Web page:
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  • Archana Sathiyamoorthy

“Silenced”: Netflix’s Dahmer and the Spectacle of Victimhood


(Tony Anthony Hughes, credit: Getty - contributor)


Ryan Murphy’s Monster: The Jeffrey Dahmer Story has generated masses of traction since its release on September 23, 2022. The series gained intense viewership, becoming the second biggest original Netflix debut following Hwang Dong-hyuk’s Squid Game. The show is a dramatization of the life, conviction, and death of notorious American serial killer, Jeffrey Dahmer, who, among other heinous crimes, murdered 17 people between 1978 and the 1991 in Milwaukee, Wisconsin.


Needless to say, the series was widely criticized by a number of audiences. Many were upset with the idea of even dramatizing these events in the first place, with a majority of his victims being queer, Black men, who many believed he targeted because of their marginalized position in society. Not only was the show dehumanizing these victims by making entertainment with their tragedies, but it seemed to almost romanticize what he did to his victims through vivid visualizations and an almost morally complex portrayal of Dahmer himself.

Nevertheless, many did still watch the show in its entirety, and one of the main cases viewers make for the show is focused on the execution of Episode 6, titled “Silenced”. It is the first episode of the show that is almost entirely told from the perspective of a victim, Tony Hughes. Hughes was a gay, deaf, Black man aspiring to become a model, and the episode follows him as he seeks to find work and follow his dreams in Milwaukee. Viewers felt that the episode was able to portray the story in a way that does justice to the trauma of Hughes and his family.


But is this truly the case?

“Silenced” seems to fabricate an intimate relationship between Hughes and Dahmer (which did not exist in reality, though they allegedly knew each other prior to Hughes’ murder). The episode features the two meeting at a bar, directly after Hughes is rejected by another man for his deafness. Dahmer opts out of his original plan to drug and murder Hughes, and instead, the two engage in a romantic relationship that seems to last around a few weeks based on the show’s timeline. Dahmer is written to have stopped drinking and killing temporarily because of this relationship, but ultimately kills Hughes by the end of the episode.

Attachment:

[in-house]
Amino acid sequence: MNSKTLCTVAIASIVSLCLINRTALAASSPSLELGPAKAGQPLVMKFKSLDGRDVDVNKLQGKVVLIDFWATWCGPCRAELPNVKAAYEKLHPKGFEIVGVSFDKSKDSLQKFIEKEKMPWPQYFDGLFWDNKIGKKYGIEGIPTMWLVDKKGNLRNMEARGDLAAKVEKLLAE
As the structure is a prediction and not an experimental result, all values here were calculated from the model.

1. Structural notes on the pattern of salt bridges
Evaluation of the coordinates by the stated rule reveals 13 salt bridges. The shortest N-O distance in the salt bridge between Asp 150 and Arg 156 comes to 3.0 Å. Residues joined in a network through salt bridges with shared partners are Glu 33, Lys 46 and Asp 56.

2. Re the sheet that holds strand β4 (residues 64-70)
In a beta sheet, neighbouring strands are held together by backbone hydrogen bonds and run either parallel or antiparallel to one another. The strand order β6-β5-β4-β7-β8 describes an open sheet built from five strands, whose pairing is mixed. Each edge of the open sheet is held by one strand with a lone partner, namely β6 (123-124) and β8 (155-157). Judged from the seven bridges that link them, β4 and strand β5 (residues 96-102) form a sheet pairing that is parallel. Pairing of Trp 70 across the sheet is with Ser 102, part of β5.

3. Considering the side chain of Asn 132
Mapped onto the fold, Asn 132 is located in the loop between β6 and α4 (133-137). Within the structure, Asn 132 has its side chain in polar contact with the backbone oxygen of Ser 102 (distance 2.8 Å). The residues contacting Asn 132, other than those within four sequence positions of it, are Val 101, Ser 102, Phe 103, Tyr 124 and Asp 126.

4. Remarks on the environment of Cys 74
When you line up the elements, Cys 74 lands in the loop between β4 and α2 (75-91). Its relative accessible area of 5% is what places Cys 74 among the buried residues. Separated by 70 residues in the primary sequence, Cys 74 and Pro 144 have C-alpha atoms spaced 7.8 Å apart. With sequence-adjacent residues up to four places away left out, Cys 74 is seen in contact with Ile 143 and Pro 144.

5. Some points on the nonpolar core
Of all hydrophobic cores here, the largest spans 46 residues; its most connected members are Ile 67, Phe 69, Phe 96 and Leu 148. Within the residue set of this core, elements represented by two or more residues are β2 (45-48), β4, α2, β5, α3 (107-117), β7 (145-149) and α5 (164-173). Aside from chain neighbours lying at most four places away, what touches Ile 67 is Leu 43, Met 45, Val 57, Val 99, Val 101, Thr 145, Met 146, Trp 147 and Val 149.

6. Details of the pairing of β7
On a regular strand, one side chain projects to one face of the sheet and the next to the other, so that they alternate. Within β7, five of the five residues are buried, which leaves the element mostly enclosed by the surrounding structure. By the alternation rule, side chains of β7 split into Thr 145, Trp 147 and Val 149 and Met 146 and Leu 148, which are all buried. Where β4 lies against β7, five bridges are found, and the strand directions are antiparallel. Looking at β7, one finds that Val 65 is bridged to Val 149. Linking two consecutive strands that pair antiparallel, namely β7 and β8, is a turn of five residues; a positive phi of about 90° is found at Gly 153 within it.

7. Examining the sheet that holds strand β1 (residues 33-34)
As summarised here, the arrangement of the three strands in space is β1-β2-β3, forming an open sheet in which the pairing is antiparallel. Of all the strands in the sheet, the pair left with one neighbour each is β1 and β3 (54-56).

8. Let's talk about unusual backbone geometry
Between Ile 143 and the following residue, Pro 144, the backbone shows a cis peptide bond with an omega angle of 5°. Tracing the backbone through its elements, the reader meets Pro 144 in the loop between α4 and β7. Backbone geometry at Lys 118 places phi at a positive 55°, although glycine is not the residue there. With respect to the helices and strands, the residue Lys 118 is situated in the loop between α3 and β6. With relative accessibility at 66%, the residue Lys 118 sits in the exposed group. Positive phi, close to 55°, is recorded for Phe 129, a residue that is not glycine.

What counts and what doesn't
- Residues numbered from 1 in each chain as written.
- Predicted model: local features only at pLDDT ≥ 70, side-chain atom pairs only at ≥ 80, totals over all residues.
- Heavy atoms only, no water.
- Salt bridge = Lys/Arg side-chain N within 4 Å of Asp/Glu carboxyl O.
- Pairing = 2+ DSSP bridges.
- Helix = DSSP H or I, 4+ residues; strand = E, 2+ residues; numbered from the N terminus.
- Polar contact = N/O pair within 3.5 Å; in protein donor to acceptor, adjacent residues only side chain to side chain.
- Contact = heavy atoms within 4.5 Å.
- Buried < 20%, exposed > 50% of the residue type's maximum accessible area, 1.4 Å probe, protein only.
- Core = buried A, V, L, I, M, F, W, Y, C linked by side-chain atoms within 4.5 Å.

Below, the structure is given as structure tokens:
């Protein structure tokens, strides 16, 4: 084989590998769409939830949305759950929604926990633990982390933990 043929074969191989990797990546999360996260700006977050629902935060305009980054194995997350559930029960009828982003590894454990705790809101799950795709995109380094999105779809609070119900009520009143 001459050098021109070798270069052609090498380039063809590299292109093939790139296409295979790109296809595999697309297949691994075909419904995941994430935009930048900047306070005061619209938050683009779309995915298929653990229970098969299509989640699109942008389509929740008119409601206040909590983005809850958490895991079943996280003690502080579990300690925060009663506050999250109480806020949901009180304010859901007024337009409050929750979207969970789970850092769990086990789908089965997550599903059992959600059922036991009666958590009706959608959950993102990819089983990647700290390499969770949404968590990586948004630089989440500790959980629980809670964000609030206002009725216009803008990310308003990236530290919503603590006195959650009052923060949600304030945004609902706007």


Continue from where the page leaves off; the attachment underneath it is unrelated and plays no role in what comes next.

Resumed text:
(Both in the show (pictured) and in real life, Hughes and Dahmer communicated through written notes; bottom image is one from Dahmer to Hughes)


The episode serves as a troublingly fetishistic portrayal of Dahmer where he is a savior in this fictional tale, as he is the only man Hughes has encountered who has not either rejected or fetishized him. Meanwhile, Hughes is temporarily framed as a ‘solution’ to Dahmer’s issues, as we are told that Dahmer has stopped killing and drinking as a result of their relationship. The dynamics that are written into this relationship fuel a number of extremely melodramatic scenes between the two that seem to be intentionally framed as legitimate romantic development.


This approach to Hughes' story not only puts all of the real narrative focus on Dahmer, but completely falsifies a romantic relationship between Hughes and his murderer for the sake of extremely superficial, cliche melodrama. Is this what it took to evoke the emotion that this episode is so widely lauded for? Was romantic drama needed for this episode to tug at the heartstrings? Was the simple fact that Tony Hughes was a human, with a bright future, who was tragically and needlessly murdered not enough?

Sherry Hughes, Tony Hughes’ mother, was one of the victims who, after the show’s release, revealed that they had not approved of the show’s creation. “It didn’t happen like that,” she told The Guardian. “I don’t see how they can just use our names and put stuff out like that out there.”


Sherry Hughes’ words should be deeply unsettling to us. As true crime content gains a wave of popularity, we find ourselves having to make more and more excuses for our intense engagement in the suffering of others. No matter what ethos Dahmer’s creators may claim for the show, at its base it is an extreme example of this phenomenon, pushing the limits of how much exploitation we can tolerate in the name of macabre entertainment. The manner in which Tony Hughes’ story was morphed for the show’s purposes is a dark concept to contend with. Is this an honoration of Tony Hughes, sincerely relaying his life and experiences, if his story is merely stretched to the point of fiction, molded into a device used to assert the dynamism of his murderer? Are we truly honoring these victims, or are we simply making a spectacle of them?


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